One of the worst reasons to amend a Constitutional right is because some people have been abusing theirs. Tennessee lawmakers have decided that Tennesseans can carry firearms into bars and restaurants.
Soon, Tennessee's bars and restaurants will no longer be off-limits for registered weapons.Before the whinging about "the new wild west" begins, I point out that Nashville is not Deadwood, no matter how many cowboy hats get worn or Shakespearean profanations are proclaimed. I am a firm believer in the right to own a gun. Whatever weaseling is done around the Second Amendment.
State legislators - a quarter of whom own firearms - have passed a law allowing guns into bars and restaurants, but preventing their owners from buying alcohol.
For the bill's Democratic sponsor - State Senator Doug Jackson - it is a case of preserving the rights of individuals and those of individual states.
"People are fearful about tomorrow. They feel insecure. And the Second Amendment right is something that they cherish and it's a means of protecting themselves and their family and defending what they have. It provides security in troubled times."
Which reads, "A well regulated Militia, being necessary to the security of a free State, the right of the people to keep and bear Arms, shall not be infringed." There are those who think that the Second Amendment is as relevent as the Third -- the one about quartering soldiers -- but the Third says that you can't, and the Second says that you can't be infringed. Simply a more positive direction. Our forefathers knew about the power of words.
Although, as a historian, I am duty-bound to remonstrate such facile readings of our nation's most important document.
As regular readers of this Journal know, I am also an advocate of the right to peaceably assemble at the neighborhood tavern. And I am a staunch advocate of civility -- the common courtesy -- and expect that all of my fellow citizens are also of like mind when it comes to the niceties of community principles and mores.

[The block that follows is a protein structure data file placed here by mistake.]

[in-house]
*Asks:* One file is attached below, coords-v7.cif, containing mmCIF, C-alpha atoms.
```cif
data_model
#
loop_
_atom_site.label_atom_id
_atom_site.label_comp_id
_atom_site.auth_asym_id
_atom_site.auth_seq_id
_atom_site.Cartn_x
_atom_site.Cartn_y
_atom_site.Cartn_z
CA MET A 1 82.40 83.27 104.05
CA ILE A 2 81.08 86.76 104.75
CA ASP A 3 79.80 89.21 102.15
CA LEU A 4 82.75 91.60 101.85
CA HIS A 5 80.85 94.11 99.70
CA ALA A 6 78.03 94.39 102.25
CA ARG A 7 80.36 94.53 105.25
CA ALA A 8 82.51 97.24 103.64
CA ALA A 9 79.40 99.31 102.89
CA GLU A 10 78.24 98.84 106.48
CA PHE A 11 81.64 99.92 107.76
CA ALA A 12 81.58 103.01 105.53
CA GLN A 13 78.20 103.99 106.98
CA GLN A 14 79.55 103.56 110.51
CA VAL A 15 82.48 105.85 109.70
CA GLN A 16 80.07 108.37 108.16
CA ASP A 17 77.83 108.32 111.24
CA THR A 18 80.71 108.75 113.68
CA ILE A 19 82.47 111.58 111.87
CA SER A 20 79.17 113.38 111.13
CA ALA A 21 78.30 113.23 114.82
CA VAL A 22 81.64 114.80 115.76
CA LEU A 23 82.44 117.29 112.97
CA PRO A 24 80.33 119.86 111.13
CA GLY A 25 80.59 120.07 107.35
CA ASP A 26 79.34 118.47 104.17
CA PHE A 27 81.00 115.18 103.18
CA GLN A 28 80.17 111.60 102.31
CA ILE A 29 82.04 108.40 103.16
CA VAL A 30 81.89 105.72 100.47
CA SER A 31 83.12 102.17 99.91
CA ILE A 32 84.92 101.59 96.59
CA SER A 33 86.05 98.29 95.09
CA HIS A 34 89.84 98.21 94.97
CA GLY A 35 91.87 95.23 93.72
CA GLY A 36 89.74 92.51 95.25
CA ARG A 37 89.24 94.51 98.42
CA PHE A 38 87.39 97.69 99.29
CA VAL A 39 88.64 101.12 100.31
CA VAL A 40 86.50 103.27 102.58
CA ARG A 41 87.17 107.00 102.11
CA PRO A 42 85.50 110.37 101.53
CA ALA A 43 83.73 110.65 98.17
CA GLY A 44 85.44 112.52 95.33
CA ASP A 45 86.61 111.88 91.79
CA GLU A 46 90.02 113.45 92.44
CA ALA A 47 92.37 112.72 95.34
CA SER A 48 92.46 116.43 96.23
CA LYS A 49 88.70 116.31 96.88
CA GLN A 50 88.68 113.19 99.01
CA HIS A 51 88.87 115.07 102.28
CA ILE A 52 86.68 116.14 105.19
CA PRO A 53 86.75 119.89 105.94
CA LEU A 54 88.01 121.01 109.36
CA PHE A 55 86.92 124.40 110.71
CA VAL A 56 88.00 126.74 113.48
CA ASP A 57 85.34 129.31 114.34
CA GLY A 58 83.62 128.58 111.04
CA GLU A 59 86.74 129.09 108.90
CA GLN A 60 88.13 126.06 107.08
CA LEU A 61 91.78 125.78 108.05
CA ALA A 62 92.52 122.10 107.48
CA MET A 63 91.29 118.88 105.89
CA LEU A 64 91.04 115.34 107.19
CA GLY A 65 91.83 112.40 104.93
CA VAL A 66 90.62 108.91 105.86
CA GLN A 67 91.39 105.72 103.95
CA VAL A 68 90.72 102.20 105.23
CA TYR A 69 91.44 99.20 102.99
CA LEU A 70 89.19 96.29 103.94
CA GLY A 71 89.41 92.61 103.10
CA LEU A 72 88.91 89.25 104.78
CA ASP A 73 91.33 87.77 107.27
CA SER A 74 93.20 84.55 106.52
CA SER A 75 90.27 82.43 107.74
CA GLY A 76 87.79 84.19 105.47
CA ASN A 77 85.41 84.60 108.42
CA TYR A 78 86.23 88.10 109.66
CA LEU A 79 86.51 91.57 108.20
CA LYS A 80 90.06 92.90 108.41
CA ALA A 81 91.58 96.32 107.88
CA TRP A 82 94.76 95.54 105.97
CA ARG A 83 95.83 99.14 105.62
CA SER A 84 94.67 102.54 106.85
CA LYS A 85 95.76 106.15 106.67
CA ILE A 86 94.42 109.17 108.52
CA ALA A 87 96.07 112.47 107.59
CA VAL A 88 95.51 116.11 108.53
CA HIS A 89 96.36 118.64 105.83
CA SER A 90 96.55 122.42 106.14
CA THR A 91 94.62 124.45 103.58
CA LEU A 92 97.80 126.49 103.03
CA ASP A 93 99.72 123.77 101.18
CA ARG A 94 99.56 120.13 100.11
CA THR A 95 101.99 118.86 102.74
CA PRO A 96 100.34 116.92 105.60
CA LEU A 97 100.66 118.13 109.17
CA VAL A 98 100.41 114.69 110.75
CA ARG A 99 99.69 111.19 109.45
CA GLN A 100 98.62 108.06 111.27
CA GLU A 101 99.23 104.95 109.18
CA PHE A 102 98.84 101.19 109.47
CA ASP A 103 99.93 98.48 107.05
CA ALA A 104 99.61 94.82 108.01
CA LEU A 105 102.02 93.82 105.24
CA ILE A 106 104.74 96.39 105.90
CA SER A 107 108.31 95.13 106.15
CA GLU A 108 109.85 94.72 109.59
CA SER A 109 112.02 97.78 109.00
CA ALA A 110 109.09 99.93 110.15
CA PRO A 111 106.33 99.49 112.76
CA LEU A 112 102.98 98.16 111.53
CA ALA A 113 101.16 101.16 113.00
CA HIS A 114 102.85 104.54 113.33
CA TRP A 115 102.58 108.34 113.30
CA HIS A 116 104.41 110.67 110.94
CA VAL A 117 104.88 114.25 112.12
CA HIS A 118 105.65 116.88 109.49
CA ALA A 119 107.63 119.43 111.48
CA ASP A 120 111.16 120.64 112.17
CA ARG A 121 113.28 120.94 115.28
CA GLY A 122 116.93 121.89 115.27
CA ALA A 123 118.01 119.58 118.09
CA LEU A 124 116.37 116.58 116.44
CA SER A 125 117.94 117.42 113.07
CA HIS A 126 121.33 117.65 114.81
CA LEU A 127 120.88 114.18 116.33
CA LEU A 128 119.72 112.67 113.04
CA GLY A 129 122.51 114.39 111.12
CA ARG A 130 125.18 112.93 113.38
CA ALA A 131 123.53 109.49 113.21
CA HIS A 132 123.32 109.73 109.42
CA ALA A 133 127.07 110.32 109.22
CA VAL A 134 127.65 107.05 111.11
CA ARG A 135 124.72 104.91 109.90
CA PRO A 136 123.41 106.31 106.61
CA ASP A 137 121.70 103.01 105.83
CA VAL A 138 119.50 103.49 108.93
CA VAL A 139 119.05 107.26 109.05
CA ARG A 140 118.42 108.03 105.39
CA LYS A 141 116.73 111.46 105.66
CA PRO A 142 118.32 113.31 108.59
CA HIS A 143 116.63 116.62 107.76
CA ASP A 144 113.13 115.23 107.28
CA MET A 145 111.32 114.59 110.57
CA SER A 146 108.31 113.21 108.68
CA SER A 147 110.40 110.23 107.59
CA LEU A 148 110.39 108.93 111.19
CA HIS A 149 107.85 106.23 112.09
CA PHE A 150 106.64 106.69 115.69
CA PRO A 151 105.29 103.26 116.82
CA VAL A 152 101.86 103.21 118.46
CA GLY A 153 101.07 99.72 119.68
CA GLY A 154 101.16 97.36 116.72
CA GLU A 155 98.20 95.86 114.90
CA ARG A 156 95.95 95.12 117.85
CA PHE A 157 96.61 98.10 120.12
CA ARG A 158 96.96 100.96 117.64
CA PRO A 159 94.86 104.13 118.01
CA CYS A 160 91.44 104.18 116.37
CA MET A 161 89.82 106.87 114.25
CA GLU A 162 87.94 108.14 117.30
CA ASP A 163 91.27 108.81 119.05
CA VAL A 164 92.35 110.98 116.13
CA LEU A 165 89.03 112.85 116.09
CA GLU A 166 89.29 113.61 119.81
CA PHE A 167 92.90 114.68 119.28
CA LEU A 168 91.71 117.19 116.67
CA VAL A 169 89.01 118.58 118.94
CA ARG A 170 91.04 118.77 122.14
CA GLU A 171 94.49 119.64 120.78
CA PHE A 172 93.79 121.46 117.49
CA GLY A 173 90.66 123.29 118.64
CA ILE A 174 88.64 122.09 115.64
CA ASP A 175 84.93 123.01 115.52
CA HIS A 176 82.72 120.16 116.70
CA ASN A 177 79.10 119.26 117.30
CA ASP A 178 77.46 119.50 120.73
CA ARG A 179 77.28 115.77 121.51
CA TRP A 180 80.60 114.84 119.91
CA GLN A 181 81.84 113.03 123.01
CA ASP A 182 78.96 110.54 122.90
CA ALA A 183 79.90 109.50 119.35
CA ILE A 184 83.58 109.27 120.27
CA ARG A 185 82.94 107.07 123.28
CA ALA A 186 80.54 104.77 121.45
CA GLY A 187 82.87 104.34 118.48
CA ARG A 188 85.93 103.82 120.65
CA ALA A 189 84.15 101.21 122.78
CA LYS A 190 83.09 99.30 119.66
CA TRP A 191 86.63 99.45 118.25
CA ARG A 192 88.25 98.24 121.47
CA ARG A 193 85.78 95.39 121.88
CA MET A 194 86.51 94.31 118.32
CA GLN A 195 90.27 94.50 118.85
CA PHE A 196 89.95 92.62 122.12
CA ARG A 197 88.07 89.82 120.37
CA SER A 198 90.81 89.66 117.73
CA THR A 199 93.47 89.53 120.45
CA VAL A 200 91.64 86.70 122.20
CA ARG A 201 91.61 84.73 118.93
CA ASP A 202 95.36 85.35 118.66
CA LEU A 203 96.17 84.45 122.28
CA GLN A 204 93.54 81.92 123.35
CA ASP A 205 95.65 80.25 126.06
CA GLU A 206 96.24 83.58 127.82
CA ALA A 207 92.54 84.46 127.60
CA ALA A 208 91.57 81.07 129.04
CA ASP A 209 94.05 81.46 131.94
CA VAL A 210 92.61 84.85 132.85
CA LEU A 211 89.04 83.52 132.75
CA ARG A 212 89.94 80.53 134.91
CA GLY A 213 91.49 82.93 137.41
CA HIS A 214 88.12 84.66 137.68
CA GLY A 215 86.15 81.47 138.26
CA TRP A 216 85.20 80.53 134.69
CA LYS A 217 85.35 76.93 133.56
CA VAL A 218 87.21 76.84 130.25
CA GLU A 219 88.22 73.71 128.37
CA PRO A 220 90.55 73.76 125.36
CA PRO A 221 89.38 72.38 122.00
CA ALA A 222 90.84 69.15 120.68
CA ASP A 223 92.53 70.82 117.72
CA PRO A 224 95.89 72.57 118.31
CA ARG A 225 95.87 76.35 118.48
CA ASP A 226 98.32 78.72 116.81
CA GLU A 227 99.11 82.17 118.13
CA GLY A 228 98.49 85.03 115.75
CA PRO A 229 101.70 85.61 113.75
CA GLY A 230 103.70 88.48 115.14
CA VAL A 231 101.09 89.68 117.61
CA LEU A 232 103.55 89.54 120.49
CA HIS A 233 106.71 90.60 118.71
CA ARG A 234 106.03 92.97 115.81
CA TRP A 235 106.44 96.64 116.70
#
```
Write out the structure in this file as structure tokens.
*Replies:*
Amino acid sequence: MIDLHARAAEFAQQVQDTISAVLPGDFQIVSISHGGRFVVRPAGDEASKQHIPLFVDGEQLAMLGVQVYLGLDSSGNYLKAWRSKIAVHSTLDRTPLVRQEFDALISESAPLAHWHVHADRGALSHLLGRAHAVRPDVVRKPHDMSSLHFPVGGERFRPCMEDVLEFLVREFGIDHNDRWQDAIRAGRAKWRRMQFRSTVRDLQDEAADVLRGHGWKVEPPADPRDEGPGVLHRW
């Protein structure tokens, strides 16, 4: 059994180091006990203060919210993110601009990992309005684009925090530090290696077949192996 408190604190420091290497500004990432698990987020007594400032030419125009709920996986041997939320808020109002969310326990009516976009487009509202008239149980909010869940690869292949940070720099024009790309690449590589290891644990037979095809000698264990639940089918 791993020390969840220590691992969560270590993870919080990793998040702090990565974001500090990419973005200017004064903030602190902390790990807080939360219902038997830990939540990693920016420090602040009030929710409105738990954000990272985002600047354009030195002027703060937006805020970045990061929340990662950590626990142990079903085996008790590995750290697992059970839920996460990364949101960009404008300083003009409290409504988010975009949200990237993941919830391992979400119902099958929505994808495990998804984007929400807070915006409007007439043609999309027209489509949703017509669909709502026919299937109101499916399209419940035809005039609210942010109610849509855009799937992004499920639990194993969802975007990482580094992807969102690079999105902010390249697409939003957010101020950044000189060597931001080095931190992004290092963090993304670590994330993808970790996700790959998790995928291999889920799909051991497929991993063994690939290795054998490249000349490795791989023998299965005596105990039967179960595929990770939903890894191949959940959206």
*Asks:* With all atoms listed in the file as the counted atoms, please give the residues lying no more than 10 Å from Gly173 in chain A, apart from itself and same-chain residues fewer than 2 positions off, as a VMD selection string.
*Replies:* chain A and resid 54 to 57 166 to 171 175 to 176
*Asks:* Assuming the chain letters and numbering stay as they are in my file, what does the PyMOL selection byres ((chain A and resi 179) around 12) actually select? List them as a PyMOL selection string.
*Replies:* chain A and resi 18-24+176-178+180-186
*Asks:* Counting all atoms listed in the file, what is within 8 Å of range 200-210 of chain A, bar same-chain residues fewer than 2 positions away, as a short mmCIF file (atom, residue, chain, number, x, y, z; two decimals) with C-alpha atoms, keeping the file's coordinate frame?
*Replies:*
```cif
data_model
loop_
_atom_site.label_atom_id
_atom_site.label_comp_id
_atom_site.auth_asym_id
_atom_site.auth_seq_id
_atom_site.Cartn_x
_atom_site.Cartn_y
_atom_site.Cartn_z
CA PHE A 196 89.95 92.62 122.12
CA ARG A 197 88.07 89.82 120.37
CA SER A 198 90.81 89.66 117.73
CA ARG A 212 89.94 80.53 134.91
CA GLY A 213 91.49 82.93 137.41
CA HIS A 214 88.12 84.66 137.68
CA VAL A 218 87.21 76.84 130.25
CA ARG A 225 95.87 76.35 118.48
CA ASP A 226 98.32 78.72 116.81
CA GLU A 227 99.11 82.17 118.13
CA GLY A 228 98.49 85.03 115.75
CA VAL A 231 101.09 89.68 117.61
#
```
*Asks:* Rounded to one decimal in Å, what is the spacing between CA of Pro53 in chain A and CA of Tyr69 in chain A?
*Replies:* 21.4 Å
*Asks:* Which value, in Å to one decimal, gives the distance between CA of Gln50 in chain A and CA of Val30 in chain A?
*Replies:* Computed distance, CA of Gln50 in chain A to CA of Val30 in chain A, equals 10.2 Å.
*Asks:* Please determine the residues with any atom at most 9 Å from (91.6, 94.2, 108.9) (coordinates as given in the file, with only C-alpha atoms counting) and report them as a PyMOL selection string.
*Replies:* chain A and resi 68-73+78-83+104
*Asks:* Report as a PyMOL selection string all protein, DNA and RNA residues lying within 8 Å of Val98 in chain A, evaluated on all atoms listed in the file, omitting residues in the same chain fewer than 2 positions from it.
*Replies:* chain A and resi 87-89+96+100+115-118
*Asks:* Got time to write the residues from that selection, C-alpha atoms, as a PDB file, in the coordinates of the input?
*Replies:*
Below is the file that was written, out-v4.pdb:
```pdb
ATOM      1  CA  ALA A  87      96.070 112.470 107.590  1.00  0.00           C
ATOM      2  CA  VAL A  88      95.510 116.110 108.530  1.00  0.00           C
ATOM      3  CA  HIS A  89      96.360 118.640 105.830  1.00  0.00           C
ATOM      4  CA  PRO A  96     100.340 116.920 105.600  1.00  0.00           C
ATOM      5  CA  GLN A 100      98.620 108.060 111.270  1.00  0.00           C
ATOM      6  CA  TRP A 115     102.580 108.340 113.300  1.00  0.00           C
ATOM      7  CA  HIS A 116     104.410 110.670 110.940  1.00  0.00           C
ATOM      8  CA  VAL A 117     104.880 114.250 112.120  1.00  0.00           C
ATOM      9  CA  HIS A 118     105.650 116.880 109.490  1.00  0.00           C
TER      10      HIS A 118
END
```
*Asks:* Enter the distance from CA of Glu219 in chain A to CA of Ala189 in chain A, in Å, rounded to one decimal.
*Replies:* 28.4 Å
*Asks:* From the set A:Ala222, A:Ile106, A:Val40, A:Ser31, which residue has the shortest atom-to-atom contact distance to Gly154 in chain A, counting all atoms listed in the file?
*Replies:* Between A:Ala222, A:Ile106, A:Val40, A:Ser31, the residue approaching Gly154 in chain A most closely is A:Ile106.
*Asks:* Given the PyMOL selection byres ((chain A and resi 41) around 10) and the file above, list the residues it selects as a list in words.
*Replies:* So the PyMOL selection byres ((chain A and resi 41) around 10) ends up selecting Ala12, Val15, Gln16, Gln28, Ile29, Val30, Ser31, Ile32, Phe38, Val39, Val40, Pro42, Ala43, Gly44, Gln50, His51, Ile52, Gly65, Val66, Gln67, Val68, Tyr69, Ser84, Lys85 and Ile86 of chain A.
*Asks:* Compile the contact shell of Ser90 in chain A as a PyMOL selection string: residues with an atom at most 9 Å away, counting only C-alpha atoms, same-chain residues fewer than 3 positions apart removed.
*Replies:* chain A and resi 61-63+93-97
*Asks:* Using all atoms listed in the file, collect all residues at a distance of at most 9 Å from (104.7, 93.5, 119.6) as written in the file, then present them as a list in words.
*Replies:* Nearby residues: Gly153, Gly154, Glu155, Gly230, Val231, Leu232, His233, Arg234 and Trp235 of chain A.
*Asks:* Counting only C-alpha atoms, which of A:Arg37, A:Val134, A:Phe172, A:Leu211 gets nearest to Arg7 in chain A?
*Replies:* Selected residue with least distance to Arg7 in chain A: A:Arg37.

I recently lunched with shipmates at a local harborside bistro that serves alcohol and fine provisions to its well-mannered clientele. My friends were taking advantage of their rare day off together in order to head to the club for some couple's target practice.
Now, since I am not a gunman, it would have done no good to start conferring over "sights" and "heft" and "calibers" or whatever else it is that you gun owners discuss over lunch, so we were limited to knocking around tales of house-hunting and the weather and how each one of us looked terrific and how marriage was especially treating them awfully well, it appeared.
But, wouldn't it have been a more lively diversion if they could have been allowed to present their arms right there on the restaurant table, even playfully pantomiming the action of picking off a few of the nearby seabirds, or explaining to me some of the finer points of gunningship? Would I not be more inclined to, on my way back to the estate, stop by my local pistol shack and arm up? Between a delicious appetizer and the fresh catch-of-the-day entree, I do believe that I could easily have been convinced of the various joys of shooting bangbang sticks.
And others, perhaps after a few Dark'n'Stormies, might join our armory chat, noting comparisons and offering suggestions as fellow diners and scrutinizing nearby hobbyists always do as when piqued by tales of unscrupulous fiberglassers and canvas rips. Just as gun-making and ammunition-selling would stimulate the economy, this new divertisment would stimulate the friendliness and eager comradeship my gracious and refined fellow Commonwealthers are anxious to exhibit.
Think on it, Massachusetts lawmakers.
Think on it well!